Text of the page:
“The world is very, very beautiful if you look at it. But most people don’t look very much. They scan the ground in front of them so they can walk, but they don’t really look at things incredibly well, with intensity. I do, and I’ve always known that.”
– David Hockney
The English colourist David Hockney – who featured in Unit London’s group exhibition London Calling – has called for people to pay more attention to their surroundings and, where possible, immerse themselves in nature. At the heart of this idea is a love and appreciation for space and colour, which is where he strongly aligns with Unit London’s Rex Southwick – whose latest work is on display at the gallery until June 17th. Southwick also tries to look at things closely and see things in their entirety. Speaking after his recent trip to Palm Springs, where he undertook an artist residency and studied the city’s domestic construction sites, Southwick said: “You have the workers, the maintenance, the sun, the heat, stuff dying, stuff being ripped out. Now we live in an age where everything is super presentable. Everything online is presented and it’s filtered, and you get this very glamorised, warped vision of places, which I certainly did have. And then the reality is that there is this flip-side.”
Hockney and Southwick both moved to the West coast of America in their mid-twenties: Hockney to LA, Southwick to undertake a residency in Palm Springs. Both artists were highly influenced by the rugged landscapes and desert foliage found in that part of the world – the palm tree is a recurring motif in both artists’ work – as well as the infamous, penetrating light. Photography was a key part of Hockney’s artistic output at this stage, but he found the medium lacking, famously saying “Photography is useful if you like the perspective of a paralysed cyclops.” So he began to create joiner collages from Polaroid and 35mm prints, bringing multiple photographs together in a patchwork composition that would give the medium of photography more depth and emotion. It became more about space than surface.
Photography also plays a large role in Southwick’s practice. He has an archive of images taken in the public spaces of Palm Springs and the private homes of its residents. These vignettes are captured using black and white film, a medium that picks up the gradient of light better than colour film or digital, providing the viewer with a better understanding of space and texture. The colour palette that will eventually be used is already at the forefront of Southwick’s mind, so is secondary at this initial stage.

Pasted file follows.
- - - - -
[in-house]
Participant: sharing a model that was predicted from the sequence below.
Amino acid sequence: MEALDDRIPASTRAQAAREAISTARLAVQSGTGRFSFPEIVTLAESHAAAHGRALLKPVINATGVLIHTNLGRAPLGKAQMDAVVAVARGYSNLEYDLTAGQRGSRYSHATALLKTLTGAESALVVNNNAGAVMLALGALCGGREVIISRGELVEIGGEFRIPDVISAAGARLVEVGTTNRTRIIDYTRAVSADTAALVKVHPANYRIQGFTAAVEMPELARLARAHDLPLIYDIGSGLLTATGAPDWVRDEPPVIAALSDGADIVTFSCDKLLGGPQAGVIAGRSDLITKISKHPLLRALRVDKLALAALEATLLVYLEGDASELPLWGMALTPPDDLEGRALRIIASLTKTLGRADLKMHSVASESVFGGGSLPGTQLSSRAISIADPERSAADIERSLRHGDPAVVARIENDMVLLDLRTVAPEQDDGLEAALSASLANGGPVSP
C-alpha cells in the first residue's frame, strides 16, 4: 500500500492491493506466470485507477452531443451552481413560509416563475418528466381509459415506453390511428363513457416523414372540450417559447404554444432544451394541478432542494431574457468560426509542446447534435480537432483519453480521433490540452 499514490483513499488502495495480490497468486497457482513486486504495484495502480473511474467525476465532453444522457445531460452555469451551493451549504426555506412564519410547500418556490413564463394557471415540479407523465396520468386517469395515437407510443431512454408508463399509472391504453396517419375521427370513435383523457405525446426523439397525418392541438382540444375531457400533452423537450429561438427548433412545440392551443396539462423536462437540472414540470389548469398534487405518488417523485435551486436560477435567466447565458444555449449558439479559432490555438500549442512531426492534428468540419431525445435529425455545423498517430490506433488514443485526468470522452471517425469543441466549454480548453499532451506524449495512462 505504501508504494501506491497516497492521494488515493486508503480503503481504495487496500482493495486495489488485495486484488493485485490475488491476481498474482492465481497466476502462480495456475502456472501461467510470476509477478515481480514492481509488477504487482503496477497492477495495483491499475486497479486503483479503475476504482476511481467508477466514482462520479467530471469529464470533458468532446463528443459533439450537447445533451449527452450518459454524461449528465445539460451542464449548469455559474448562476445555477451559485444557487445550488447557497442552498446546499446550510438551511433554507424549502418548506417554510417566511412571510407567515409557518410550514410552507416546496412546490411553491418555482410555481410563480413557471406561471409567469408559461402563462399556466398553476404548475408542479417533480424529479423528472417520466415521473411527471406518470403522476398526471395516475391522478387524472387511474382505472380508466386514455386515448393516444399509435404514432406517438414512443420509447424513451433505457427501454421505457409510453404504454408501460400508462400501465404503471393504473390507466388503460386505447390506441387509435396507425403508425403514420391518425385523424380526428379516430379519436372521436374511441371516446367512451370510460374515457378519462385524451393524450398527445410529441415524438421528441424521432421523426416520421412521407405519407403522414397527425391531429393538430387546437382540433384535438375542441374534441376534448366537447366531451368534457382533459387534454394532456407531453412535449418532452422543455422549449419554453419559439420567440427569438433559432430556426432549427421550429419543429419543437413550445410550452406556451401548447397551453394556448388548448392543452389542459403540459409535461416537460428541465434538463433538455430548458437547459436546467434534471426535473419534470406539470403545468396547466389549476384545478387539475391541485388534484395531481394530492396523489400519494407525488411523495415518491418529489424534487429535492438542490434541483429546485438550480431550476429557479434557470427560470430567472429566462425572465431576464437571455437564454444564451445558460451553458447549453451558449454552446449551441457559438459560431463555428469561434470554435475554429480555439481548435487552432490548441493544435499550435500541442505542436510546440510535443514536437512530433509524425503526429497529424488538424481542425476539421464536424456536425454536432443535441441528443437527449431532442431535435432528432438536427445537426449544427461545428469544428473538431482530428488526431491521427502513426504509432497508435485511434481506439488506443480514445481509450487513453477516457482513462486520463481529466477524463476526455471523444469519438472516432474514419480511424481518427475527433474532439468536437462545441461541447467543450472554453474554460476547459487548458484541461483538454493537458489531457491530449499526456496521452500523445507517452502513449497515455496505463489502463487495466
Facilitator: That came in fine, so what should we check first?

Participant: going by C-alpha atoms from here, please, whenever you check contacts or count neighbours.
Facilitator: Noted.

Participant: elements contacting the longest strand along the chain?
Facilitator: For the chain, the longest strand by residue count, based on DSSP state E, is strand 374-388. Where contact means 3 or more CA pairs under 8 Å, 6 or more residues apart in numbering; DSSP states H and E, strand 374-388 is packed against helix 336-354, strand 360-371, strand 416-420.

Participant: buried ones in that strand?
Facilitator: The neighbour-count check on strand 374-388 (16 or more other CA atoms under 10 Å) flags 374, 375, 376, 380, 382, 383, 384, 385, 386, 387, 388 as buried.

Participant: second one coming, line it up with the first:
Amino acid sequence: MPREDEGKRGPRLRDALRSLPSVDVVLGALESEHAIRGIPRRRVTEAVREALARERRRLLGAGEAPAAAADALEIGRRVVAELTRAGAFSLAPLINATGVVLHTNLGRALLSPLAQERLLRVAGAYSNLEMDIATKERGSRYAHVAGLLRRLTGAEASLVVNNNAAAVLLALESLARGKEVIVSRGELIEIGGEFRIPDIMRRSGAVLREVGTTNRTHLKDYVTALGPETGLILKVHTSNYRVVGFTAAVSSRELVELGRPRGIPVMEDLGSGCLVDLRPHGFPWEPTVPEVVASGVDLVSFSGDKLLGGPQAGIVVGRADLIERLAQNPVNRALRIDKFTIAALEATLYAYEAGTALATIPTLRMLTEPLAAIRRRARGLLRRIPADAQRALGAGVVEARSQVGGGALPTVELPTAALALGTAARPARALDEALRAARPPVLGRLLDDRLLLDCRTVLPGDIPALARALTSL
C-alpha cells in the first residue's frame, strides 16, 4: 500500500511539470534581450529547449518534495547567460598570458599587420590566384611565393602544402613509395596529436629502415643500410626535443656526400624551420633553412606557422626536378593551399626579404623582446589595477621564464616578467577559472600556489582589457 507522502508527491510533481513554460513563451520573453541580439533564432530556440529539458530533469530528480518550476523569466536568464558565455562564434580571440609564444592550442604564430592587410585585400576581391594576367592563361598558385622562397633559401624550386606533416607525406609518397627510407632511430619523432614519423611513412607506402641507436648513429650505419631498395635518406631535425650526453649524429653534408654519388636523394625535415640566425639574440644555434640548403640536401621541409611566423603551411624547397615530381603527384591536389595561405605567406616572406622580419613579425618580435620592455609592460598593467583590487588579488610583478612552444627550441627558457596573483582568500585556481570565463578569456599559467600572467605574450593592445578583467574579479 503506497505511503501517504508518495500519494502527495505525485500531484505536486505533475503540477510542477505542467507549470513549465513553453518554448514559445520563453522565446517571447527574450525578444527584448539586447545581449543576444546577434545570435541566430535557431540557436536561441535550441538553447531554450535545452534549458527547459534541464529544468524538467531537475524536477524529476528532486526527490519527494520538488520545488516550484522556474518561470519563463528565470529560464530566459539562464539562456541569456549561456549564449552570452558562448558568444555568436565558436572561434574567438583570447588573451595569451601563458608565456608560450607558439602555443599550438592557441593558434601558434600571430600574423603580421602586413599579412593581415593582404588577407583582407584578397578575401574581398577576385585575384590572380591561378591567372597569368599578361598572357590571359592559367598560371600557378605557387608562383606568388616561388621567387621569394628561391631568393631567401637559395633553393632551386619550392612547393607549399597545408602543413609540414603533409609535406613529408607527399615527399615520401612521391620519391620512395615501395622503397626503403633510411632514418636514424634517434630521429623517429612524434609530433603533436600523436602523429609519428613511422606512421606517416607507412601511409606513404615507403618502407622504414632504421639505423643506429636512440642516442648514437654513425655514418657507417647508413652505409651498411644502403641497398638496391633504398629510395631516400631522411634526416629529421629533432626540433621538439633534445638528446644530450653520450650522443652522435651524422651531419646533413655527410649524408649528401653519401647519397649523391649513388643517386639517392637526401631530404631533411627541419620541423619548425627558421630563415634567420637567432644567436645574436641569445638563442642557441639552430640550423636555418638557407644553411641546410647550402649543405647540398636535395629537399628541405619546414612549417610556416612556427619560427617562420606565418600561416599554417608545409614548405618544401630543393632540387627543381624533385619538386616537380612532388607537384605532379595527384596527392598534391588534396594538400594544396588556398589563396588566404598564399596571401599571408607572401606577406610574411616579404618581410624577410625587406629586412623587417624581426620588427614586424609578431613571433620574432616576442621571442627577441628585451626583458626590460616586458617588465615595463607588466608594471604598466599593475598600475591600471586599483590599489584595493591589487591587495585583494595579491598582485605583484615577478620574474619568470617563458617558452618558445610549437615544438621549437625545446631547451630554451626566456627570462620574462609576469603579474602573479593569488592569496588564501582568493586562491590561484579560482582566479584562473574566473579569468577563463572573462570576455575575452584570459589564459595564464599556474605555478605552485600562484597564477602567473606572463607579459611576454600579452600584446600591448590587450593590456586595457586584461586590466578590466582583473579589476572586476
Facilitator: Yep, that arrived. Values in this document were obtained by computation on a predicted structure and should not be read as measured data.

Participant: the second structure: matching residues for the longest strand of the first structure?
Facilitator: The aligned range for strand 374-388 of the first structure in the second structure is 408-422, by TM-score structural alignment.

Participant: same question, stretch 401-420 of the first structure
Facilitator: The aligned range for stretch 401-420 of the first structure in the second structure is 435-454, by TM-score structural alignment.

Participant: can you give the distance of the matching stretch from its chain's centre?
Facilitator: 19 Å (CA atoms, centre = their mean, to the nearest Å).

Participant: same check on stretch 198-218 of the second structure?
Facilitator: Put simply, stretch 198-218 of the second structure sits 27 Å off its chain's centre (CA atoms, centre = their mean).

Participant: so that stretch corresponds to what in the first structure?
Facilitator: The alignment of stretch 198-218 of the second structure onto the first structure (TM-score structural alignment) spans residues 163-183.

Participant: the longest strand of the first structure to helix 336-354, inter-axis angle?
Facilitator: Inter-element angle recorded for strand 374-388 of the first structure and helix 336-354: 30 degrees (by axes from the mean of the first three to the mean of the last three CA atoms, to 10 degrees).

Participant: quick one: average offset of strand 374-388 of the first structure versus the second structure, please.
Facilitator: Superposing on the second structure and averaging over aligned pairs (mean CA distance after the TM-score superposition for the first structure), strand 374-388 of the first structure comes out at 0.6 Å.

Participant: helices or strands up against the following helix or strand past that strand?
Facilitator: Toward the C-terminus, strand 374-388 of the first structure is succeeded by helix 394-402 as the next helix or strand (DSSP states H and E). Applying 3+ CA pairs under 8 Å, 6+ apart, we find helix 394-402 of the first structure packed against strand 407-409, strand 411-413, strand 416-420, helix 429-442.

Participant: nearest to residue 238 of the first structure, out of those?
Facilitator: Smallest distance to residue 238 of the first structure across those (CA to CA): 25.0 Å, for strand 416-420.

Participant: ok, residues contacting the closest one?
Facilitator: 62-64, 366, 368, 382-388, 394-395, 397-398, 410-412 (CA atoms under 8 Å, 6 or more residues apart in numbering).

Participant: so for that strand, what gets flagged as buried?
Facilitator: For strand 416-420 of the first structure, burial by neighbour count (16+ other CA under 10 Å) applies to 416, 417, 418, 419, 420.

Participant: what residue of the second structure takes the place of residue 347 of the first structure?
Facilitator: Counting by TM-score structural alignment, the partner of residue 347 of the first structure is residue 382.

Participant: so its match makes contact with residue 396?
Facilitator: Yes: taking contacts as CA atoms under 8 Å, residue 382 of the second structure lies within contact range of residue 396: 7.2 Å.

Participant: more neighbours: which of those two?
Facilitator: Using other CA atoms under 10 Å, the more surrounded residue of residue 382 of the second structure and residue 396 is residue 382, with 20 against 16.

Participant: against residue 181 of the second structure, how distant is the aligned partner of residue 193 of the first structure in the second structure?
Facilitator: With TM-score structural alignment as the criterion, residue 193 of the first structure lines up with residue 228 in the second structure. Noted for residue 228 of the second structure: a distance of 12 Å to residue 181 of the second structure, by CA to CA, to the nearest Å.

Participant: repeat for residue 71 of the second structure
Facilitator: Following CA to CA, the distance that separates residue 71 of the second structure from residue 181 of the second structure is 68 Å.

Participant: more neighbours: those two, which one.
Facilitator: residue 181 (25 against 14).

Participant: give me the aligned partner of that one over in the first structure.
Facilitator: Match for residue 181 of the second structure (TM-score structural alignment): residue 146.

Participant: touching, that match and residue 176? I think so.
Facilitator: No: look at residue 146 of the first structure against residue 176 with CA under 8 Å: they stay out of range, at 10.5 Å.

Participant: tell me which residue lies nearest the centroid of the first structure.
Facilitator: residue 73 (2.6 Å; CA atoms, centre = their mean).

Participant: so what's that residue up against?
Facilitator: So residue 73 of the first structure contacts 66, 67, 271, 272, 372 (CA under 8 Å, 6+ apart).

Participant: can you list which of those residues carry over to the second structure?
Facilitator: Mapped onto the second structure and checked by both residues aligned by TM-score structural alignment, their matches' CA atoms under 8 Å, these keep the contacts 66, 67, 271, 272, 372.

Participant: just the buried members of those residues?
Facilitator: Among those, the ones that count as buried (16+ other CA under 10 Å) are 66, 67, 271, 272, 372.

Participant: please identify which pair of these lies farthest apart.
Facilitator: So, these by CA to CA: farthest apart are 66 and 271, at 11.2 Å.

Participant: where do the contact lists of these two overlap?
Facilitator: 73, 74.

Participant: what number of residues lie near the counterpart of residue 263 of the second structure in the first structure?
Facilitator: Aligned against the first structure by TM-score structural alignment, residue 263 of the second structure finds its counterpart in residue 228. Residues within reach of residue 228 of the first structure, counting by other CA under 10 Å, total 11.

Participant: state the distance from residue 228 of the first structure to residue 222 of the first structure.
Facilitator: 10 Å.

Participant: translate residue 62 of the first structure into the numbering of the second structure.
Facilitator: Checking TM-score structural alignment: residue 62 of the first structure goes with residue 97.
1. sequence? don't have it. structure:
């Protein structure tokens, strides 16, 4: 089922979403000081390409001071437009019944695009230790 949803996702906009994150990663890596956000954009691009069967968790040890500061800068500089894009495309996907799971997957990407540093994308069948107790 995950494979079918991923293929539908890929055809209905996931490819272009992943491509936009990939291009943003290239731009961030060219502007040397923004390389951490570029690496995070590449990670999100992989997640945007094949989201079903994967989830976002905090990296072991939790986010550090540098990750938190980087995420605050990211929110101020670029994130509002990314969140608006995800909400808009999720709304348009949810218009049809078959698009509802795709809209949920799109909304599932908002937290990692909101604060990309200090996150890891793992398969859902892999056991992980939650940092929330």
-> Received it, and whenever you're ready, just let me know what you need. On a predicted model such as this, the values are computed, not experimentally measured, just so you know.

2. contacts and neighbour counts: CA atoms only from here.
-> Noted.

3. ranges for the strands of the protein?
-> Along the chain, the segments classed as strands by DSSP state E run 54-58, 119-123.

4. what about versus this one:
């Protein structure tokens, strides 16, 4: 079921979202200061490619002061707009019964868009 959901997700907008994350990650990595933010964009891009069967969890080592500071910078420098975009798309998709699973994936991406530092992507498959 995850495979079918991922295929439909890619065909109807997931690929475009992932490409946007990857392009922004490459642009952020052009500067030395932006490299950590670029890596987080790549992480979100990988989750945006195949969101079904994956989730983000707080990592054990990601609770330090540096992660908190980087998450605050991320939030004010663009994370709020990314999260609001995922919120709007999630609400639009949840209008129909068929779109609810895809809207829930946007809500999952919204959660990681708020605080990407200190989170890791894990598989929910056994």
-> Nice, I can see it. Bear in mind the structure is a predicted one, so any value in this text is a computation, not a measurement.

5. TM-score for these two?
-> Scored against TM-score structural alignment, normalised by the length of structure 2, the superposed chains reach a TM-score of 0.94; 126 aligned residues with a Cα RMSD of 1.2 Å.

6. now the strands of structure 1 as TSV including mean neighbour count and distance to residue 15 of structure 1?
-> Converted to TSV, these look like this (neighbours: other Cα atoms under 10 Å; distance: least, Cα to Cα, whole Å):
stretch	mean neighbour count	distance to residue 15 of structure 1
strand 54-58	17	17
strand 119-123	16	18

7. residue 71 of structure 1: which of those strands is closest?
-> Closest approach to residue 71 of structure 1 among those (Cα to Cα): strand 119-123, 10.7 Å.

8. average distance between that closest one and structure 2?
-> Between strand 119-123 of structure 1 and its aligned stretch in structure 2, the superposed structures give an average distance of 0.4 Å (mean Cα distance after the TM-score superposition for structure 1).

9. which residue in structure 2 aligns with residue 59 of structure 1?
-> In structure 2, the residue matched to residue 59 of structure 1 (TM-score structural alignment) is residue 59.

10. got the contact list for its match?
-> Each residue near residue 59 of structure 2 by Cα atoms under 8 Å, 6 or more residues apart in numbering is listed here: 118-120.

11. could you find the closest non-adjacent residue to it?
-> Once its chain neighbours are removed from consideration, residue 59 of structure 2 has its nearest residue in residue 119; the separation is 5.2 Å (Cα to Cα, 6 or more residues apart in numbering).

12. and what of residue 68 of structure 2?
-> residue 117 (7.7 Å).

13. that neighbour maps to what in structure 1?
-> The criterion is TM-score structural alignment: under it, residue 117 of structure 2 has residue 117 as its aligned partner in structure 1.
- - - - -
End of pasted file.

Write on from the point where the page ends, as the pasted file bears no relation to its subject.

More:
“I photograph a lot. Every day I walk around and photograph houses and workers and meet with contractors and see what’s going on and get tip-offs of who’s building what. I have thousands of photos. Before painting, I go through them on my iPad and work out what I like, what people are interesting, what scenes are interesting, what narrative can be created.”
– Rex Southwick
Topia – the title of Southwick’s current exhibition – is a Latin word used to describe areas that are composed of natural and artificial elements. Southwick, like Hockney, is interested in how nature interacts with the built environment, and how it can be captured on canvas. Hockney is fascinated by swimming pools: a natural element contained in a manmade structure. He’s interested in plants and gardens, and fields and farms. Southwick’s work revolves around similar ideas of nature being contained or tamed and subsequently being uncontainable and untameable. He looks at how a perfectly constructed domestic environment can have the appearance of a semi-natural setting and then reveals the labourers who’re responsible for creating this illusion. In Southwick’s opinion Desert Palisades, a housing complex in Palm Springs, is a perfect example of this: “It’s this communal living site which is meant to be undisturbed. They said ‘We want to build the house on the landscape and not disturb it.’ But the reality is they obliterate the landscape and then re-naturalize it. It’s false.” This kind of man-made faux-natural setting is everywhere. Even in England, we need to look no further than the network of canals that connect London and the Midlands. Southwick alludes to the fact that when the Romans invaded Britain the landscape was 98% rural, going on to state: “the great, remote pastoral scenes of England, of rolling fields and sheep. It is actually completely man-made”. Hockney takes great inspiration from the English countryside. Being there is a chance to anchor oneself in the present moment, to value the intensity and ephemerality of a particular visual experience.
The tension between the natural and artificial is at the core of both artist’s work, as is a love and appreciation for colour, and for looking closely. It seems likely both artists were taken in by California due to the pronounced conflict between urban and rural life. The never-ending construction of luxury homes in breathtaking natural settings, the rows of domestic swimming pools and lavish gardens with tropical plants all serve as great inspiration for both artists. Add to this the presence of ‘true’ nature not too far away: deserts and canyons and mountains which can be discovered, traversed, photographed and finally painted, all in clear and reliable light, and you have a beguiling prospect for any artist, let alone two colourists interested in nature.